It’s not really news that the SEC screwed up big-time on Bernard Madoff. But the just released executive summary (pdf) of the agency’s inspector general report really brings home just how far that failure went.
The summary, produced by SEC inspector general David Kotz, paints a picture of a series of botched investigations going back to 1992, in which inexperienced, unsophisticated and incurious agency examiners repeatedly failed to take seemingly obvious steps that would have uncovered Madoff’s massive scam. And it shows how Madoff used his air of authority to confuse and intimidate the over-matched Feds in order to keep them at bay.Kotz’s office says in the summary — which precedes a full report to be released in the coming days — that it found six substantive complaints that “raised significant red flags concerning Madoff’s hedge fund operations and should have led to questions about whether Madoff was actually engaged in trading.”
The agency’s biggest screw up, says the summary, was the fact that examiners never verified Madoff’s trading through an independent third party.
The details of that failure are more astonishing still. Madoff at one point told examiners that all his trades were cleared through his account at the Depository Trust Company (DTC), a clearing agency — and he gave the examiners his DTC account number. At that point, Madoff told Kotz in an interview, “I thought it was the end game, over. Monday morning they’ll call DTC and this will be over.” Amazingly, the SEC never followed up with DTC. Madoff said he was “astonished.”
The summary almost makes clear that the SEC’s right hand didn’t know what the left was doing. It notes with astonishment that at one point, two Madoff examinations were going on at the same time within the agency, without either being aware of the other. It was Madoff himself who informed one team of the other’s existence.
And it repeatedly portrays and enforcement staff that lacked the technical expertise to understand key aspects of the material they were investigation. Writes Kotz:
The relatively inexperienced Enforcement staff failed to appreciate the significance ofthe analysis in the complaint, and almost immediately expressed skepticism and disbelief. Most of their investigation was directed at determining whether Madoff should register as an investment adviser or whether Madoff’s hedge fund investors’ disclosures were adequate.
That failure of understanding extended to the management level. In regard to the first complaint submitted by Harry Markopolos, the whistle-blower who did the most to try to bring Madoff’s fraud to the SEC’s attention, the summary finds:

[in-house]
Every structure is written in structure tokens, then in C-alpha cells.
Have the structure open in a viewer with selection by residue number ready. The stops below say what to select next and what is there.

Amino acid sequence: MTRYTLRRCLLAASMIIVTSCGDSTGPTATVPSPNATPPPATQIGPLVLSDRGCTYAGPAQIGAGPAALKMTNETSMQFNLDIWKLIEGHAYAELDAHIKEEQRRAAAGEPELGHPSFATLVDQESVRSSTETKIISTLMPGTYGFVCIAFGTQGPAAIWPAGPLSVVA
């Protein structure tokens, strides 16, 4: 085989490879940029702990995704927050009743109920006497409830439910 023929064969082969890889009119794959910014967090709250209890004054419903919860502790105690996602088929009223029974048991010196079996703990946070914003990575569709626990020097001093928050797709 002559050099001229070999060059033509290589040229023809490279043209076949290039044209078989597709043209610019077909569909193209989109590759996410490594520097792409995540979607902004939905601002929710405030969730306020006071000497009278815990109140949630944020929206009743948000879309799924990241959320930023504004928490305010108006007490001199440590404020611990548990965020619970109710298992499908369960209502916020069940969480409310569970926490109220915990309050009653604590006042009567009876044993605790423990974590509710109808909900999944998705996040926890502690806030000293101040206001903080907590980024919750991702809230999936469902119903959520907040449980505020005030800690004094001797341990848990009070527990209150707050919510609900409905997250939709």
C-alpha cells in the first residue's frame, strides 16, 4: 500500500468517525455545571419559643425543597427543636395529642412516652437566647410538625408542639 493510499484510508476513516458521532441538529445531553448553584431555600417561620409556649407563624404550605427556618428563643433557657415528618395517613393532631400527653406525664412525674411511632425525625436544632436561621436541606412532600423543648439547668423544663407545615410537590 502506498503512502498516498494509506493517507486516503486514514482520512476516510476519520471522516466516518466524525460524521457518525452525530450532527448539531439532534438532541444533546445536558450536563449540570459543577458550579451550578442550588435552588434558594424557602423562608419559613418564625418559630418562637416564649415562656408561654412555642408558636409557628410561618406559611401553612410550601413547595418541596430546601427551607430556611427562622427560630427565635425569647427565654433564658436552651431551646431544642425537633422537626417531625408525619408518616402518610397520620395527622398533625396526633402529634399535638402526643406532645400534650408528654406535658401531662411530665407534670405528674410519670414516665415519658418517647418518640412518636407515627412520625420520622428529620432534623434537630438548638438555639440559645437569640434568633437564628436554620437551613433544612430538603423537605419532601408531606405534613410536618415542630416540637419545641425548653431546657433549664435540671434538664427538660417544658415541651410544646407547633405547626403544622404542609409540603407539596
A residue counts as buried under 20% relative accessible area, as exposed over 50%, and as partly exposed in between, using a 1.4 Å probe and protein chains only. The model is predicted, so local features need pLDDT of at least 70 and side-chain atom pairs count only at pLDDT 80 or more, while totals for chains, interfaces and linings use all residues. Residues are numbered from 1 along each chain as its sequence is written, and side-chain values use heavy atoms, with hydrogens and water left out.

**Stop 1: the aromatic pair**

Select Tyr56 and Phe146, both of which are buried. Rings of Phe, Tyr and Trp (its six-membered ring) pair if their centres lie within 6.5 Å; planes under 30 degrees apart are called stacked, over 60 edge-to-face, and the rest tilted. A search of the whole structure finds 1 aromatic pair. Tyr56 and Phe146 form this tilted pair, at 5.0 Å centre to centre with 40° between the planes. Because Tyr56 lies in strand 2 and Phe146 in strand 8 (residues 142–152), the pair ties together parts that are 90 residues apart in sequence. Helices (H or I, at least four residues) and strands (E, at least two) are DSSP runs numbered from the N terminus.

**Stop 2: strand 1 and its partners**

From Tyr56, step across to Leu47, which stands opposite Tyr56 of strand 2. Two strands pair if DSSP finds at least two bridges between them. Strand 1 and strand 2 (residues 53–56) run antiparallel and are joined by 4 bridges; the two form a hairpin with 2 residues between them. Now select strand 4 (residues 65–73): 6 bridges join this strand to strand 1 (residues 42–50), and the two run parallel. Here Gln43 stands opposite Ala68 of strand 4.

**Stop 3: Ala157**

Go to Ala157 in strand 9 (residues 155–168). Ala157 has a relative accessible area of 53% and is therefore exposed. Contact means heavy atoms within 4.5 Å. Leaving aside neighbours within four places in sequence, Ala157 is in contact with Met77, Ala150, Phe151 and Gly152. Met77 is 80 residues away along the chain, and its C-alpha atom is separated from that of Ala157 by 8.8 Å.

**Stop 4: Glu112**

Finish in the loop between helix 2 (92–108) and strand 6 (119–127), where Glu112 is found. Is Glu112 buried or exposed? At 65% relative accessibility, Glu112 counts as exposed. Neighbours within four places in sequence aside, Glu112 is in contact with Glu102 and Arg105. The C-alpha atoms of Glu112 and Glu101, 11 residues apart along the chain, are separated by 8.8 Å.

Markopolos explained his analysis presented in the 2000 complaint at a meeting at the SEC’s Boston office and encouraged the SEC to investigate Madoff. After the meeting, both Markopolos and an SEC staff accountant testified that it was clear that the BDO’s Assistant District Administrator did not understand the information presented.
Our investigation found that this was likely the reason that the BDO decided not to
pursue Markopolos’ complaint or even refer it to the SEC’s Northeast Regional Office.
The summary also gives a glimpse of how Madoff held off the Feds — and how easily they accepted his lies. Madoff, writes Kotz, “carefully controlled to whom [the SEC examiners] spoke at the firm.”
On one occasion, when a Madoff employee was speaking to the
NERO examiners at Madoff’s firm, after a couple of minutes, another Madoff employee
rushed in to escort her from the conversation, claiming she was urgently needed. When
the examiners later asked Madoff the reason for the urgency, Madoff told them her lunch
had just arrived, even though it was 3:00 o’clock in the afternoon.
And it shows how Madoff “made efforts during the examination to impress and even intimidate the junior examiners from the SEC.”
Madoff emphasized his role in the securities industry during the examination. One of the NERO examiners characterized Madoff as “a wonderful storyteller” and “very captivating speaker” and noted that he had “an incredible background of knowledge in the industry.” The examiner said he found it “interesting” but also “distracting” because they were there “to conduct business.” The other NERO examiner noted that “[a]ll throughout the examination, Bernard Madoff would drop the names of high-up people in the SEC.”
Indeed, one senior Washigton examiner reportedly told more junior examiners that Madoff “was a very well-connected, powerful, person,” a comment that was taken as an effort to warn them off pursuing the fraudster too aggressively.
The final, failed Madoff investigation of 2006 — triggered by a detailed Markopolos complaint — was perhaps the most egregious. According to the summary, most of the investigative work was done by a staff attorney “who recently graduated from law school and only joined the SEC nineteen months before she was given the Madoff investigation. She had never previously been the lead staff attorney on any investigation, and had been involved in very few investigations overall. The Madoff assignment was also her first real exposure to broker-dealer issues.”
According to the summary, that inexperience helps explain why, when Madoff told the examiners that he got such unprecedentedly good return simply because he had a good “feel” for the market, they took that nonsensical explanation at face value.
As we reported earlier, the top lawyer on this examination subsequently received the highest possible performance rating for her “ability to understand and analyze the complex issues of the Madoff investigation.”